Posted by Joel Martinsen on Thursday, September 27, 2007 at 2:24 PM
Lipstick criminals on Red Question Mark
On 18 September, SARFT pulled the plug on Red Question Mark, a program that featured reenactments of sordid crimes committed by women.
Like the Administration's earlier action against the chaotic talent competition First Heartthrob, this time the regulators chose another easy target—as the rouged lips on the promotional poster at left indicate, the show sensationalized the lives and crimes of "lipstick criminals."
According to the Chongqing Evening News:
Yesterday [25 September], a reporter looked up director-producer Liu Hengjun at Guangxi Film Studios to speak to him about the banning of Red Question Mark. He said mournfully over the phone that he had received the notice: "It's horrible! I never thought it'd be like this!" However, he noted that the names of Red Question Mark II [completed] and Red Question Mark III [currently casting] had been changed to Tears Fall upon Rouged Lips*, and that their casting and distribution were not in doubt.
Liu said that while Red Question Mark involve cases of mistresses, forced prostitution, seduction, and drug-related prostitution, "We handled these things by implying them rather than showing them outright." As for the accusation that production was substandard, he said that the entire show had a production budget of just two or three million yuan. "The actors were all non-professionals taken from open casting, and since they all spoke the local dialect, the effect does indeed appear to be a bit crude—if the actors all spoke standard Mandarin, maybe it wouldn't seem so vulgar."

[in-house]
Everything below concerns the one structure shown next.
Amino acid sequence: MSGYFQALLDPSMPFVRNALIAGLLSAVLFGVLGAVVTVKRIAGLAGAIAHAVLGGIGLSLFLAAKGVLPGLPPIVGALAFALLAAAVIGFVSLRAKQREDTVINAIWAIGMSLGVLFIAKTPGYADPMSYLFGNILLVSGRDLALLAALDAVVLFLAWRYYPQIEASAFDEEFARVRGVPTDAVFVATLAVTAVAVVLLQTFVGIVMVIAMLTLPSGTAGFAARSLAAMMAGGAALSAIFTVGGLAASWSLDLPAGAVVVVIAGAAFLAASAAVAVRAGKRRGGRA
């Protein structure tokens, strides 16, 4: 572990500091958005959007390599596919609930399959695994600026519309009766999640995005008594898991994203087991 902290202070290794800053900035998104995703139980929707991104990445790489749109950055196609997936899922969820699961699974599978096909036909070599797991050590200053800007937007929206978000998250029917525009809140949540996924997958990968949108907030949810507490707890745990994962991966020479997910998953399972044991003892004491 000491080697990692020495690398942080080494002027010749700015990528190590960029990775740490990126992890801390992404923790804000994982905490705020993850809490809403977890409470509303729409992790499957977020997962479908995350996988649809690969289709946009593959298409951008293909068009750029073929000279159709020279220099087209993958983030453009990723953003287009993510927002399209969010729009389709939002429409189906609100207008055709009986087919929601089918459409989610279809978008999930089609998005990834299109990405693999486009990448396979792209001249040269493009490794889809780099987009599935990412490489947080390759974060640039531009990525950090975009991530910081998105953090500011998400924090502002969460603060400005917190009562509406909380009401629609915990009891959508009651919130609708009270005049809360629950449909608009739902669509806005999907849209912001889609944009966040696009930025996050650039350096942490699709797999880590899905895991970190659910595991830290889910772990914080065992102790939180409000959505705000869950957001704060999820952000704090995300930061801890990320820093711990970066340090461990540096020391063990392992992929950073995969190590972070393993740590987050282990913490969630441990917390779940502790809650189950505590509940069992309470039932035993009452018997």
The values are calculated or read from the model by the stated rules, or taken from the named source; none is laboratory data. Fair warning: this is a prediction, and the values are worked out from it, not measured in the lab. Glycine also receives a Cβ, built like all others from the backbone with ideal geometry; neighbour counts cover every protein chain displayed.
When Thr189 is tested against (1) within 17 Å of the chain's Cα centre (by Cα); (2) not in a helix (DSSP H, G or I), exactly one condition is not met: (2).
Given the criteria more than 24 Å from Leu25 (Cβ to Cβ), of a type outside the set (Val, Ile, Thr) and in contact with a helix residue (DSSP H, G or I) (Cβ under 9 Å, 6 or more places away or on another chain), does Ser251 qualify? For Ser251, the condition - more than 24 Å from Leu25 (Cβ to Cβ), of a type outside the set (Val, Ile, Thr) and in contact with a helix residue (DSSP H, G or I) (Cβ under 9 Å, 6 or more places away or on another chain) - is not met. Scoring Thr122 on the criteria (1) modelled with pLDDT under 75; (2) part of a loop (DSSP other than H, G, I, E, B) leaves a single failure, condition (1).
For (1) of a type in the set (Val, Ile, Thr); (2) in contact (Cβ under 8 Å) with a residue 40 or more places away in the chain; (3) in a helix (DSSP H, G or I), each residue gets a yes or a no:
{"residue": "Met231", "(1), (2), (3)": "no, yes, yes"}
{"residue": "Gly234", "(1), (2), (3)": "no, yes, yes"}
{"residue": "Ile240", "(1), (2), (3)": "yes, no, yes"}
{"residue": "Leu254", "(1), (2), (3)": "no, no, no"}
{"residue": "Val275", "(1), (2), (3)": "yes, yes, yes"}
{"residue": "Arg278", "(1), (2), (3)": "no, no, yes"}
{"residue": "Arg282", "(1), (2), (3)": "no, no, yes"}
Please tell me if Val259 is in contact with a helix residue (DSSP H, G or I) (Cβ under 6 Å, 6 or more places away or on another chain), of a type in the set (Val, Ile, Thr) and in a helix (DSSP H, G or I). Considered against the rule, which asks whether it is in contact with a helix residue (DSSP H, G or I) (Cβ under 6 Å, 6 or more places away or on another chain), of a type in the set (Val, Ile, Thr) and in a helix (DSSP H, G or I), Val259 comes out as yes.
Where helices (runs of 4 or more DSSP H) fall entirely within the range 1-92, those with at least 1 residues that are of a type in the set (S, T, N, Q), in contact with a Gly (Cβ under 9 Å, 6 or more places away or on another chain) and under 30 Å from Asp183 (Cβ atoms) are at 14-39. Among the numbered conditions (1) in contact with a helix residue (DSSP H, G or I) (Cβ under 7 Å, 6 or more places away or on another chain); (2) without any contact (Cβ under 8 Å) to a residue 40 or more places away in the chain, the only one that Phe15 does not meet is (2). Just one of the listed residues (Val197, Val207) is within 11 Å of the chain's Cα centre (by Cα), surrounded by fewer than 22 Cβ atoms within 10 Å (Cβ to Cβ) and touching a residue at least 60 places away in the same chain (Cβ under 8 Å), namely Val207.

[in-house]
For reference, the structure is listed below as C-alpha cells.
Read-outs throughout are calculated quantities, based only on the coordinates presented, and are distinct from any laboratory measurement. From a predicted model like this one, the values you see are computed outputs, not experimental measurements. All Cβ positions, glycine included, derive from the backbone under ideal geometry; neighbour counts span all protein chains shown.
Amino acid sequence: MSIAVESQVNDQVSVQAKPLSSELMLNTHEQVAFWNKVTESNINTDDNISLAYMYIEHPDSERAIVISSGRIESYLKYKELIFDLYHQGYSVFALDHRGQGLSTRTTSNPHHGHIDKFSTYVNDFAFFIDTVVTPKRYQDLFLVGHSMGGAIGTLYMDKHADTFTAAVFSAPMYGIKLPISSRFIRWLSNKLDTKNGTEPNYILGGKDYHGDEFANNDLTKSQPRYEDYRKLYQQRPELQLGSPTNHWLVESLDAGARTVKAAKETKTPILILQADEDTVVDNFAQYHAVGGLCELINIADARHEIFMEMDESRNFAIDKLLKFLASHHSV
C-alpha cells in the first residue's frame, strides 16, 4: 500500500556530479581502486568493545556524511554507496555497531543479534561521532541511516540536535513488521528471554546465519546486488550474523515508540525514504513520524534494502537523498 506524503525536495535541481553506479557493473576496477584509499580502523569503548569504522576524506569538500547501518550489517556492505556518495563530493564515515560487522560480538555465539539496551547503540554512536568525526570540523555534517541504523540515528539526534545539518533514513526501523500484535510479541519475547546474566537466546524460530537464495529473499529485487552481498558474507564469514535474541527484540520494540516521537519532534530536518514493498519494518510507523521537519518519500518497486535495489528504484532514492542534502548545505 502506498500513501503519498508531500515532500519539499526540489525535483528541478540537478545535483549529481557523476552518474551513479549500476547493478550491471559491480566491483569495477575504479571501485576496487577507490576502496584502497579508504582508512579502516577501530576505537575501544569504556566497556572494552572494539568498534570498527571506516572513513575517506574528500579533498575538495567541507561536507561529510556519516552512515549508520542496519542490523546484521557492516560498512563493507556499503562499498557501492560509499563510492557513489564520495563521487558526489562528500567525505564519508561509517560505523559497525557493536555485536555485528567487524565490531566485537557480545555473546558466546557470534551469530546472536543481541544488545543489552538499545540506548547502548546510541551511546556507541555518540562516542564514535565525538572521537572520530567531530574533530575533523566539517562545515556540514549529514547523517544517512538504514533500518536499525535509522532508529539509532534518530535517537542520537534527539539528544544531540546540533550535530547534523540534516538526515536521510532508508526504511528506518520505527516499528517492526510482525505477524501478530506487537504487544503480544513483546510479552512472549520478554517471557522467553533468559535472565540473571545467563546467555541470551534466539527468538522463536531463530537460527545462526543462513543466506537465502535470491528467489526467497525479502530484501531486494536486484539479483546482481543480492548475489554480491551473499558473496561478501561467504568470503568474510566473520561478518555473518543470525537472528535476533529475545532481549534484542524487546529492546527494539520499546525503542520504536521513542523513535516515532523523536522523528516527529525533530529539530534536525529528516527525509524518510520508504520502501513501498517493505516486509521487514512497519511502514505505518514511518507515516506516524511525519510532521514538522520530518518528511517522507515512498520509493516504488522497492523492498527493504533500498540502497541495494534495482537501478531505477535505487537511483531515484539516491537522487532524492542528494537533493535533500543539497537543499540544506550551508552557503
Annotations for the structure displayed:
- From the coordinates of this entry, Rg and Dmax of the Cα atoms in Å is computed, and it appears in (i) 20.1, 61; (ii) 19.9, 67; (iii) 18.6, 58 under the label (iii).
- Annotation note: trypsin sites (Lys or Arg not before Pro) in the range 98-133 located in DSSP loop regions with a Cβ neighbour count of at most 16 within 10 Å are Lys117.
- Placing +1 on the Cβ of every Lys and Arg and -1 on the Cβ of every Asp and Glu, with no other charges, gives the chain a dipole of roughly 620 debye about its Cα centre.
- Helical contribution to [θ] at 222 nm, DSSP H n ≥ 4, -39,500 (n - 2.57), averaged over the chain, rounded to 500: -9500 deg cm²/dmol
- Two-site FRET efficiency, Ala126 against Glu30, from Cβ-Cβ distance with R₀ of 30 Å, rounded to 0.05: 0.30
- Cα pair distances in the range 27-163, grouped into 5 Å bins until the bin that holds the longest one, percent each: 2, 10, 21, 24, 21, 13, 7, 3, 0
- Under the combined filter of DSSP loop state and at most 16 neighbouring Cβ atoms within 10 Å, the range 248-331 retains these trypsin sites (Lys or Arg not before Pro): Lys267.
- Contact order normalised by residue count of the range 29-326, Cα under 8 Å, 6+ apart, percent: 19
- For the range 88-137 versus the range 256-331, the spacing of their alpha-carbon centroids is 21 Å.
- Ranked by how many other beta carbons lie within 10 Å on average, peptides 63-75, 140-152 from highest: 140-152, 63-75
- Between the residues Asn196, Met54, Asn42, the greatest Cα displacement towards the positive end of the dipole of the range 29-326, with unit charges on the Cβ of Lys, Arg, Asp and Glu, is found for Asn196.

However provincial the production might seem, SARFT's claim that the show was banned for poor production values rings a bit hollow. Red Question Mark was authorized to begin shooting in 2003 and has been been airing for three years.
Red Question Mark has achieved stellar ratings over the past few years: it's had a strong showing on stations in Beijing, Jiangsu, Zhejiang, and Hunan for the past three years. As a "Hot CCTV Show," it aired four times during Prime Time on CCTV-3 and CCTV-8.
The Beijing News reports that back in 2003, the show was the second most-watched program in Nanjing (after the Chiung Yao historical tear-jerker My Fair Princess III), and in 2005 it won its national timeslot when it aired on Hunan TV.
Hence, much of the criticism of SARFT this time around focuses on why it waited so long to act against the show—why it "fixed the fence after the sheep had all fled." Columnist Chi Mo discussed the relevant questions in a piece for Great Wall Online:
One, how did crime become such a hot topic on television? We must admit that social and economic development have caused certain conflicts to appear; the problem of crime has become a social issue, and this has caught the attention of the film and TV world. A substantial number of good shows have come out, like The Judge , Silent Promise , Hero Without Regrets , Pure Snow , and Judge Zhang Yishi [telemovie series, 2003]. Great shows like these do indeed work to strengthen the people's concept of the legal system and prevent crime. However, there are also some TV shows that use gratuitous violence, sex, and bloody crime scenes and details in their pursuit of scares, danger, and novelty. While this excites the senses of the audience and can be cathartic, it can also easily lead to copycat crimes. Some TV shows are too sympathetic to criminals, and as a result turn good and evil upside-down. Crime elicits sympathy, while righteousness creates suspicion. This weakens the power of morality and the law and creates unwelcome consequences in society.